Fourth District Appropriately Confirms That Public Agencies Can Adjust Projects without Additional Environmental Review
The City of San Diego has been working for years to restore pedestrian and park uses to Balboa Park’s Central Mesa. The public planning process began about eight years ago. After the City’s original project approval in 2012, Save Our Heritage Organisation (SOHO) has relentlessly opposed the improvements. See SOHO v. City of San Diego (2015) 237 Cal.App.4th 163; SOHO v. City of San Diego (2017) 11 Cal.App.5th 154.
In the meantime, local, state, and federal rules have changed, as have construction costs. These changes required certain adjustments be made to the originally approved project. In particular, the project needed to comply with new California Department of Transportation standards for the bridge; new city storm water standards, new Building Code requirements for subterranean parking structures, and new energy efficiency standards.
The City responded to these changes by approving adjustments to the project that increased the construction phasing by two months, reduced the project’s cost by $4 million, and increased the overall number of parking spaces contemplated by the original project.
The City used an addendum to the original EIR to consider the potential environmental impacts of the project modifications. The addendum documented that the project adjustments would not create new or substantially increased significant environmental effects; there were no substantial changes in circumstances that would create new or substantially increased significant environmental effects; and there was no new information of substantial importance showing a change in any significant environmental effects.
SOHO sued, arguing that the addendum was invalid because addenda are not authorized under CEQA. The Court soundly rejected this argument, acknowledging that “the addendum process reasonably implements section 21166’s objective of balancing the consideration of environmental consequences in public decision making with interests in finality and efficiency.” 2018 Cal.App. LEXIS 960 *15.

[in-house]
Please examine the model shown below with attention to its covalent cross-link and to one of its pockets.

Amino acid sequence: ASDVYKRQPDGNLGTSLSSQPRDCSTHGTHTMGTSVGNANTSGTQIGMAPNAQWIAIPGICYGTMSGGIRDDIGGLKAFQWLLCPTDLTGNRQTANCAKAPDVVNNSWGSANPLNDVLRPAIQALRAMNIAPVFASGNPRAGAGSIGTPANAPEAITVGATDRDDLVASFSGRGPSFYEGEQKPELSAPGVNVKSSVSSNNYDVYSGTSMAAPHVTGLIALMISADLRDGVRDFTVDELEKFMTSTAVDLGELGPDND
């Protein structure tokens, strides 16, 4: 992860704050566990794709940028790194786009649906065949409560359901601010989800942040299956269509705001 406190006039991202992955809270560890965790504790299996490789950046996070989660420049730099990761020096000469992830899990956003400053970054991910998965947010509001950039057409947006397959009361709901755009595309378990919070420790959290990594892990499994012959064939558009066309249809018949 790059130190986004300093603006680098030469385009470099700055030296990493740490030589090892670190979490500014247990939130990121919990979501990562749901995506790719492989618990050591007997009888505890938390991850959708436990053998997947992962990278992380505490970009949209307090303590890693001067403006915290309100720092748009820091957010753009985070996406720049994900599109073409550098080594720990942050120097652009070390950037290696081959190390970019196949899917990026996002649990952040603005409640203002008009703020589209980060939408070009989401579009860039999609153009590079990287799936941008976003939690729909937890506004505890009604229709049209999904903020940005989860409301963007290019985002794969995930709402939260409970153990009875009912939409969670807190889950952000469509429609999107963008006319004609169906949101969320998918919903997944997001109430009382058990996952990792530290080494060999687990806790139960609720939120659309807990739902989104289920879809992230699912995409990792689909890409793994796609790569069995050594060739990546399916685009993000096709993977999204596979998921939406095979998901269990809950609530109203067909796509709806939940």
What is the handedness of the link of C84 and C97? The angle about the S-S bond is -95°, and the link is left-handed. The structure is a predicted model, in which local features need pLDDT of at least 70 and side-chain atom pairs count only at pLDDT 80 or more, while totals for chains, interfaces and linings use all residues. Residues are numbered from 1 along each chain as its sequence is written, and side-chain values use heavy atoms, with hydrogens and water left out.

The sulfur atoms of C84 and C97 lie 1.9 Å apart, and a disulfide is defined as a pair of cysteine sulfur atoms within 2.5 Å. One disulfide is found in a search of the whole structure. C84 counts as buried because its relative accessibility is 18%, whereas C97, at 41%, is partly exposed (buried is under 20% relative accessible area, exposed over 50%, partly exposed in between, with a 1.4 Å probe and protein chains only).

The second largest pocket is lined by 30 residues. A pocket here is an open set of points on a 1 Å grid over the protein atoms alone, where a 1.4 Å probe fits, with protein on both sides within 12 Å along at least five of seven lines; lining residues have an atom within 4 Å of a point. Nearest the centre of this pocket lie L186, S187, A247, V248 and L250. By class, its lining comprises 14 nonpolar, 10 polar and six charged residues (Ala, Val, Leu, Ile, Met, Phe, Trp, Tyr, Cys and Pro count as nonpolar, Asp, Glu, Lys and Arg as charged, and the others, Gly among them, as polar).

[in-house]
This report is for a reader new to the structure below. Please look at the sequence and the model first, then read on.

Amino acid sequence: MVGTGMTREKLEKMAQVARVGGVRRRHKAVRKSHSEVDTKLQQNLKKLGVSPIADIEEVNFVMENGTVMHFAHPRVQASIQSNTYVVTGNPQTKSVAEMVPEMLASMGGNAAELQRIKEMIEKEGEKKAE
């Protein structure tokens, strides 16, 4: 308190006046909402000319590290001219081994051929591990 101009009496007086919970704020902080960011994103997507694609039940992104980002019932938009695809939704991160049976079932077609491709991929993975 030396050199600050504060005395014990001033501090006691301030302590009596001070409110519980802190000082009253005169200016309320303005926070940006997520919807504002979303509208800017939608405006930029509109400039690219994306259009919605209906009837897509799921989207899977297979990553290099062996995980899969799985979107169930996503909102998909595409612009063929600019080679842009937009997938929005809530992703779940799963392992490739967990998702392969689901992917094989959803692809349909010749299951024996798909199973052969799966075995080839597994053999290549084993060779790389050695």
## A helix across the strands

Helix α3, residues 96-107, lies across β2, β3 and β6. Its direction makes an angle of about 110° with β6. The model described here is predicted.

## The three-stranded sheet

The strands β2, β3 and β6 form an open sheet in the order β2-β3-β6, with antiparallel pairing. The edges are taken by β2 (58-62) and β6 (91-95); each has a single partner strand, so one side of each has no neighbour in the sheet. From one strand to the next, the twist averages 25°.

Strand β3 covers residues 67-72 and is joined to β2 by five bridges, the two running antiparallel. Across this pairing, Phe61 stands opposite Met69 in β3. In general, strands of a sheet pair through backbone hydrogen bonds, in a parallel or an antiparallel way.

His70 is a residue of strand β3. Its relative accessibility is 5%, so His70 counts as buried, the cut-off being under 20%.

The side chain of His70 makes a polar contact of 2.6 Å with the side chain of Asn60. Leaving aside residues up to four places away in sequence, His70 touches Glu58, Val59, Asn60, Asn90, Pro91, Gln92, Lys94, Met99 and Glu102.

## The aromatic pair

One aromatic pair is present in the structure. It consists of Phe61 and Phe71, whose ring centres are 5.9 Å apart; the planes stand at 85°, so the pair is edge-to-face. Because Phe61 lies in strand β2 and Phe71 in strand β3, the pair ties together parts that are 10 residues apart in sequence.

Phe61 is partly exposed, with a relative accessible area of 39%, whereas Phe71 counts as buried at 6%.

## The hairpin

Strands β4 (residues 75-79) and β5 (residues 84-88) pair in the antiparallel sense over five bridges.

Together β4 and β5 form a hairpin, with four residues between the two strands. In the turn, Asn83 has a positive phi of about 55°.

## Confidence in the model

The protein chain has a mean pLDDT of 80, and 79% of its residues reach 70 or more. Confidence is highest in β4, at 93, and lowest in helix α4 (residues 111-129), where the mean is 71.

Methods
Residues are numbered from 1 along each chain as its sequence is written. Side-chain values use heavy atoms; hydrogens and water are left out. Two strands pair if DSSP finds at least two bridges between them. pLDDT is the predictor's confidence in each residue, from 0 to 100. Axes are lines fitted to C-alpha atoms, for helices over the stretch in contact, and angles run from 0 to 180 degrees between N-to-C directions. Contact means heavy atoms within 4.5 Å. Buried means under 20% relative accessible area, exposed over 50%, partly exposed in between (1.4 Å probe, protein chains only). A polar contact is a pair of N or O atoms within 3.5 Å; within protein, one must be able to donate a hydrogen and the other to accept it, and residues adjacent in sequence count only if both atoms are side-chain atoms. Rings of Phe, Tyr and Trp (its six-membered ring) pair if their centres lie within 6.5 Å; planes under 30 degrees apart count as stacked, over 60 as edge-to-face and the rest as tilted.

The Court held that Guideline 15164, which authorizes the addendum process, “is consistent with and furthers the objectives of CEQA section 21166 by requiring an agency to substantiate its reasons for determining why project revisions do not necessitate further environmental review.” Id. at *13-*14. Therefore, the Guideline is valid under the standards set forth in Government Code section 11342.2, Association of California Ins. Companies v. Jones (2017) 2 Cal.5th 376, 396; and Communities for a Better Environment v. California Resources Agency (2002) 103 Cal.App.4th 98, 108 (disapproved on another point in Berkeley Hillside Preservation v. City of Berkeley (2015) 60 Cal.4th 1086, 1109, fn.3). Id. at *10.
Finally, the Court noted that SOHO’s challenge to the validity of Guideline 15164 came twenty-five years after it was adopted. Id. at * 16. The Legislature never modified or amended it, giving rise to a presumption of the rule’s validity. Id.
The Court’s decision is appropriate. It upholds the use of addenda, which allow public agencies flexibility to make adjustments in projects so long as such projects do not create or exacerbate significant environmental impacts. This level of flexibility strikes an appropriate balance between environmental protection on the one hand and practicality on the other. Circumstances, laws, standards, and needs change over time. Public agencies should have the ability to make adjustments to respond to such changes so long as the adjustments do not themselves cause significant impacts.
Although this case relates to a public park, the holding has broader applicability. For instance, by upholding Guideline 15164, the court has protected an important tool that public agencies use to address the housing crisis. Entitlements for new housing are already time consuming and expensive. Under Guideline 15164, public agencies can rely upon addenda to update or adjust housing entitlements so long as such adjustments to not trigger review under section 21166. If public agencies were not able to use addenda, it would add further time and expense to entitlement processes and jeopardize the creation of much-needed new housing.